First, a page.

The Restatement of the Law Consumer Contracts project has proved to be controversial. The current published draft of the Restatement diminishes the role of assent as a fundamental element to determine the content of an agreement, limiting its influence to the "core deal terms" and accepting that proper notice and reasonable opportunity to review proposed standard terms (pre or post transaction) is enough to adopt them as part of the contract. This has been questioned from empirical and normative perspectives, being qualified as detrimental to consumers' rights. In fact, the draft proposal actually incurs in the same defect that it is trying to solve: if it is not plausible to expect that consumers read and take informed account of the contracts' provisions (and to expect a meaningful assent), it is difficult to see how proper notice and reasonable opportunity to review standard terms pre or post transaction would provide better protection to consumers. However, the critique does not solve the problem. Meaningful assent is a chimera and unconscionability by itself is not a powerful enough remedy, because ex post enforcement face severe limitations.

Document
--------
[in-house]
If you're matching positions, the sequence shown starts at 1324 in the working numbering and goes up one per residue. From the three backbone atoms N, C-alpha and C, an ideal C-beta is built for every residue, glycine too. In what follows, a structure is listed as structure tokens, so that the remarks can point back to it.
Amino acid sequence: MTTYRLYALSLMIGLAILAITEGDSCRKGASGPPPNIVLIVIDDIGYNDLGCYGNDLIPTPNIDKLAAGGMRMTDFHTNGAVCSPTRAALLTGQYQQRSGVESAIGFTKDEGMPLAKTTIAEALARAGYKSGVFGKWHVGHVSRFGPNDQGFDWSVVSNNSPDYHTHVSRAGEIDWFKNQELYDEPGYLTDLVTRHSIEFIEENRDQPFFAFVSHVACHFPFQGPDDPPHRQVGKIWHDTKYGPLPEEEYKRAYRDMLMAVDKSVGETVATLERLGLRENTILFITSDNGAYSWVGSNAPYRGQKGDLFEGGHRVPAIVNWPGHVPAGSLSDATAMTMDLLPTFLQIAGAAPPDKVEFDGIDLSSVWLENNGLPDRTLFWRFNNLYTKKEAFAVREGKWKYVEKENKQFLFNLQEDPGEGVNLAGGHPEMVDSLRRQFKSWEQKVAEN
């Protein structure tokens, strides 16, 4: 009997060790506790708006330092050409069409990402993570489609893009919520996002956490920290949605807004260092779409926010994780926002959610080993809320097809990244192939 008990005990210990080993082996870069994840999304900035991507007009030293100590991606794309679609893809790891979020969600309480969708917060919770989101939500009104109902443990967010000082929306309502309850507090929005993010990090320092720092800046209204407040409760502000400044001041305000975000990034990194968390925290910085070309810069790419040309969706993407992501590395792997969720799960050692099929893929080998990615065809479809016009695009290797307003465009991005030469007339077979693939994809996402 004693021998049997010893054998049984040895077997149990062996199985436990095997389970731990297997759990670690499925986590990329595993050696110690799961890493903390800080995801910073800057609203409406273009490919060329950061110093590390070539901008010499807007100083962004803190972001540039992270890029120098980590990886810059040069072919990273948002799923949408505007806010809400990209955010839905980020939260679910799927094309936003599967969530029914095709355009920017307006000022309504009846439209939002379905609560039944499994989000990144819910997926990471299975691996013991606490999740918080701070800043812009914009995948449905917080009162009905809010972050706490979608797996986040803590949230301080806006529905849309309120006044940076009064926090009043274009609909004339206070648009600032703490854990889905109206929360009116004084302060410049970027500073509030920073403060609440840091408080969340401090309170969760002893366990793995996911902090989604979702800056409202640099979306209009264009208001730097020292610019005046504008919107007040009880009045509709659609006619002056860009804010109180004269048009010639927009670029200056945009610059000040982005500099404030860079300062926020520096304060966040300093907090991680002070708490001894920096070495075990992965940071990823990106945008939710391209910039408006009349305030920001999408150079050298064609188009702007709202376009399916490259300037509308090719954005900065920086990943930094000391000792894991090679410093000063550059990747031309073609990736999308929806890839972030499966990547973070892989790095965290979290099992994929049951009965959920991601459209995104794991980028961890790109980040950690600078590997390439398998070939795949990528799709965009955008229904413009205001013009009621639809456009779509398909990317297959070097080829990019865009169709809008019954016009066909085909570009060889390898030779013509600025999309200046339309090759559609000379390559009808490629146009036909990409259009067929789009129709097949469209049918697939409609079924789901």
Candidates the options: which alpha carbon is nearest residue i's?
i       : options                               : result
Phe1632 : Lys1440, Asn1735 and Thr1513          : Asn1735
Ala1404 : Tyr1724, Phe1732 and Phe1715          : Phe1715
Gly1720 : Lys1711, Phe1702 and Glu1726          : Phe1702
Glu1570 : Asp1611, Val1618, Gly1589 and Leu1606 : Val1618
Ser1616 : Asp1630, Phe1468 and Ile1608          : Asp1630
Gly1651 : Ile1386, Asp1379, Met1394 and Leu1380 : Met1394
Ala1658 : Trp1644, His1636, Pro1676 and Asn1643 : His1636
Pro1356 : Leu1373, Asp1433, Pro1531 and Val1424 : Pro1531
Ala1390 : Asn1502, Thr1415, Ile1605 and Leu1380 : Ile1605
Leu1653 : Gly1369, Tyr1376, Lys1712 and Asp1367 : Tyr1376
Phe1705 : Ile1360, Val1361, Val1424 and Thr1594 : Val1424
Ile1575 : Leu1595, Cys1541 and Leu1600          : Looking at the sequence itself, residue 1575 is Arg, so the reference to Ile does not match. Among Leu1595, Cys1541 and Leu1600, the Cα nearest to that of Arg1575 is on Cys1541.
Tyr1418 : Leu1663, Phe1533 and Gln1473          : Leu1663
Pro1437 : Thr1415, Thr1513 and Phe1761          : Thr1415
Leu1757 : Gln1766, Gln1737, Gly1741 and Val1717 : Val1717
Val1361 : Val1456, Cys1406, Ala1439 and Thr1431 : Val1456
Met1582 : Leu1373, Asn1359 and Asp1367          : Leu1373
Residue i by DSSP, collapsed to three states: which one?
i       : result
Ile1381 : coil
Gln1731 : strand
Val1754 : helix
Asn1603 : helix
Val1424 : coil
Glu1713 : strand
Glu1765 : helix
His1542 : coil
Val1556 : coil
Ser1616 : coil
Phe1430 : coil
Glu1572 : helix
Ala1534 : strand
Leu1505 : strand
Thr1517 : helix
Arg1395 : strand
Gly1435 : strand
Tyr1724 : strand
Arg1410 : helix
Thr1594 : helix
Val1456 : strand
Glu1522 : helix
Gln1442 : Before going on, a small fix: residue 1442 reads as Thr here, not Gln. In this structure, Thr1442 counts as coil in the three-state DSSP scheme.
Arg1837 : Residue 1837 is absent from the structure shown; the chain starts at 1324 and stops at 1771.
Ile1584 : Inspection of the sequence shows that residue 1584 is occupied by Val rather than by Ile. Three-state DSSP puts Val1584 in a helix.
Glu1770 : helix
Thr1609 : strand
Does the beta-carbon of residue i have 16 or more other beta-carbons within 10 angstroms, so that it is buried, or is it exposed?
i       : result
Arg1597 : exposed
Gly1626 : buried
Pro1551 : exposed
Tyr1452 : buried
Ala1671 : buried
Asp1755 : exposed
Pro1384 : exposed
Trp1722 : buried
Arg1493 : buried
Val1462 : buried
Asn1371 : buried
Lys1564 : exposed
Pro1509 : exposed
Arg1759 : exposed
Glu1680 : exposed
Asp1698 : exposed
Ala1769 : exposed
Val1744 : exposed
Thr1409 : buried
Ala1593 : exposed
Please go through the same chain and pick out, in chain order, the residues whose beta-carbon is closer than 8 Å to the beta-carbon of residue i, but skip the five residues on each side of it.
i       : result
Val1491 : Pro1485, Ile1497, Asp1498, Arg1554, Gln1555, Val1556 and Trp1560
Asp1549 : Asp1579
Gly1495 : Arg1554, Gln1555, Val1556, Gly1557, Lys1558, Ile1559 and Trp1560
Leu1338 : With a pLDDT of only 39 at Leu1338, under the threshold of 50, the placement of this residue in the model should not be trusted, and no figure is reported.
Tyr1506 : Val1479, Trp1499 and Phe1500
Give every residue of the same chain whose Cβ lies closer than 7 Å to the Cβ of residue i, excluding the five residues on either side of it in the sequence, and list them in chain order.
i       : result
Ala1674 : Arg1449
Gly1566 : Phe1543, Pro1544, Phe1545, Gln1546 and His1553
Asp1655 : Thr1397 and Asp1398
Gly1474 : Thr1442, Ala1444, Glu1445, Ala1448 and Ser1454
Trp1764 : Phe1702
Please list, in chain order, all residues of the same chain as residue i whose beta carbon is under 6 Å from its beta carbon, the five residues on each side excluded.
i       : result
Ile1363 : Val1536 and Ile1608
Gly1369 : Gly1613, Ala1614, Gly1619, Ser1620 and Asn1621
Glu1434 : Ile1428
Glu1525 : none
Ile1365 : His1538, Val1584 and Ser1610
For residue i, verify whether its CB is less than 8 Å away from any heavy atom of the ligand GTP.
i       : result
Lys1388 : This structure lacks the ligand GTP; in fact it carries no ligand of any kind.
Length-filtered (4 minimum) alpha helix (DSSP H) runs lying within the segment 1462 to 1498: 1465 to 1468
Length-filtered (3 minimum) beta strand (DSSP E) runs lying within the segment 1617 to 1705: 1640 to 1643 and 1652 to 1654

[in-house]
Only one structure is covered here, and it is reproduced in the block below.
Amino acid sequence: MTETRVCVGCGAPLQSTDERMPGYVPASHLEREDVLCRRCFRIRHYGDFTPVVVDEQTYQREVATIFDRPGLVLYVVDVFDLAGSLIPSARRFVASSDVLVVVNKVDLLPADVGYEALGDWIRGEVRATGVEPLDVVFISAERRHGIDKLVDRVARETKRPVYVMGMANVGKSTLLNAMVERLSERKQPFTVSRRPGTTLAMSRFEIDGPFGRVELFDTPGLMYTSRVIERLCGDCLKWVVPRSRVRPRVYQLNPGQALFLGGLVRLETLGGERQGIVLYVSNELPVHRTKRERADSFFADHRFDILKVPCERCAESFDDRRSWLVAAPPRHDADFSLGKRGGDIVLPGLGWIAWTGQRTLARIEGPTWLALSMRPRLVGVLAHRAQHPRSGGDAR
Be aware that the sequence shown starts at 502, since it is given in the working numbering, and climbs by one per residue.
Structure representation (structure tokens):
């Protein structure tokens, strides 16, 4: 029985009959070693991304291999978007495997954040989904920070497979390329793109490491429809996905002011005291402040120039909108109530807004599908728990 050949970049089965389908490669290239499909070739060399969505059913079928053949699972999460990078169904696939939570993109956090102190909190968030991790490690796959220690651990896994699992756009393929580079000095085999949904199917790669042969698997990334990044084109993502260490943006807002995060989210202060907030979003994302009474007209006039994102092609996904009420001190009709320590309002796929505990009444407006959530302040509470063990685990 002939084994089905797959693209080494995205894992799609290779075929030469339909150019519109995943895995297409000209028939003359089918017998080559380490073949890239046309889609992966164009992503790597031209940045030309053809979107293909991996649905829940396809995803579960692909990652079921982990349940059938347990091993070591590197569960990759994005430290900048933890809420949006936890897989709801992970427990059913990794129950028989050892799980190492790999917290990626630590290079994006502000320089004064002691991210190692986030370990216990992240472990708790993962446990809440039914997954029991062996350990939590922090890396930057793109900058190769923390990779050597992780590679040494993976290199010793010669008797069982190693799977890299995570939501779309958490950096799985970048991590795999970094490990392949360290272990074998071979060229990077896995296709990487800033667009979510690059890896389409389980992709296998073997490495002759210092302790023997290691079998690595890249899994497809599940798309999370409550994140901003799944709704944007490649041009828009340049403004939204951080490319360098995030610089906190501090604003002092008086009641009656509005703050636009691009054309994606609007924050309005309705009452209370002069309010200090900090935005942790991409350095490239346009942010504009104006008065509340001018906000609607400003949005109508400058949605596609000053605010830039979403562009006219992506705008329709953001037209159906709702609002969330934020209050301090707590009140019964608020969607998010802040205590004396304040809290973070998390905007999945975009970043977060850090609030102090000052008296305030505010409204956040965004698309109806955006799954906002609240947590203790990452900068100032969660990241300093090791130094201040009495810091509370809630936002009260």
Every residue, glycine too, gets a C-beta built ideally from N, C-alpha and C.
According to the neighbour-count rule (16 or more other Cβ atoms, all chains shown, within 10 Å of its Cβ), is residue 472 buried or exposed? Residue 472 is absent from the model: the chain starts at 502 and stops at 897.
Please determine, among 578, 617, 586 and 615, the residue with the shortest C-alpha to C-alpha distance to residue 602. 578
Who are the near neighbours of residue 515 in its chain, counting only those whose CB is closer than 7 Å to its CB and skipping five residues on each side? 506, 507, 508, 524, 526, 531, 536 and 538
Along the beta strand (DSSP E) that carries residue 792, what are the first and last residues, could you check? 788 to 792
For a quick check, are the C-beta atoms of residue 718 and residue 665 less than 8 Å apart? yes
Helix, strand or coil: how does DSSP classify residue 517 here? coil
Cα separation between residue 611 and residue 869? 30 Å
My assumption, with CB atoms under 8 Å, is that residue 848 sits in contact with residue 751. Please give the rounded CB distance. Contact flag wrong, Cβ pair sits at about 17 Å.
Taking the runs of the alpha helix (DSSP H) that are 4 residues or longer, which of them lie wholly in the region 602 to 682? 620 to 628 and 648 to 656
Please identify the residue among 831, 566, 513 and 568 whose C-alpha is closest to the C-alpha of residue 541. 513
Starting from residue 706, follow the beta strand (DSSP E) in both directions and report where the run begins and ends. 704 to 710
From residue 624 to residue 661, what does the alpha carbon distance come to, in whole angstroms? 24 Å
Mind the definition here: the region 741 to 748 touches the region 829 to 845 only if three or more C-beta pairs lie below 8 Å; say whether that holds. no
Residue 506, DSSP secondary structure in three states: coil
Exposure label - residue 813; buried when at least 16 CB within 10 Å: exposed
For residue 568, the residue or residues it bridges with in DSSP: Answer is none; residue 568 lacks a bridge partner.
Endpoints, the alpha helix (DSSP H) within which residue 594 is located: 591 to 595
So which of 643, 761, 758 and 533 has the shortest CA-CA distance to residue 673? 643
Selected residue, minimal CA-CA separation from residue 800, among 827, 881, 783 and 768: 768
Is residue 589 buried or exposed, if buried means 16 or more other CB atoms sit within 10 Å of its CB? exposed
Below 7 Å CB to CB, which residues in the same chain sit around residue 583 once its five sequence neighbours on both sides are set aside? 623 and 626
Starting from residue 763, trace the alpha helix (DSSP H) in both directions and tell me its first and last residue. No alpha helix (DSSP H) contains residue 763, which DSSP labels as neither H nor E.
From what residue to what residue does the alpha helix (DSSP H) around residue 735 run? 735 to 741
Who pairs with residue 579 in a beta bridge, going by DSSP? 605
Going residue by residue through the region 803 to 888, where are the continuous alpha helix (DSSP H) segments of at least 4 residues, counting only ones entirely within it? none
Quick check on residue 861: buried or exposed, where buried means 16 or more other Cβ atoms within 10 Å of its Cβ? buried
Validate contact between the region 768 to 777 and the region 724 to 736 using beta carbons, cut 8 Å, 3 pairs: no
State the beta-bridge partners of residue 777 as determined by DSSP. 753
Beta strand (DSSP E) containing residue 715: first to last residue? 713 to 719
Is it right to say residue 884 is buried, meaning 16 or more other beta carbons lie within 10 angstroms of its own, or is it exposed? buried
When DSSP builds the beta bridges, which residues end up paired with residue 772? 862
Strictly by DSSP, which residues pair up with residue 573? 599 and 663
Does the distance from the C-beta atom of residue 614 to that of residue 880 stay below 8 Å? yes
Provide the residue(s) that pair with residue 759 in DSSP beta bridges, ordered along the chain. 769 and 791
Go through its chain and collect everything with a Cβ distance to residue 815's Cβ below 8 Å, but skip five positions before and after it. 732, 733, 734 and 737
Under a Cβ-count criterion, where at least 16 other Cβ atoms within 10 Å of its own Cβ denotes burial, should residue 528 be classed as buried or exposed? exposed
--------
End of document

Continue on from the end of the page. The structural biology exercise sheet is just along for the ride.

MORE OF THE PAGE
The draft proposal provides a stark contrast with the state of consumer protection law in civil law countries' In the latter, though assent is still essential to enter into a contract, there have been several regulatory efforts to address the problems caused by the massive and anonymous character of consumer contracts, from ex ante regulation to attempts to improve the fairness control of standard terms. As I will argue, a regulatory approach that abandon the limitations of contract law doctrines, such as assent and business' autonomy to design the terms and conditions of consumer contracts seems to be better suited to address a form of relationship that does not conform to the basic structure of a private law contract.

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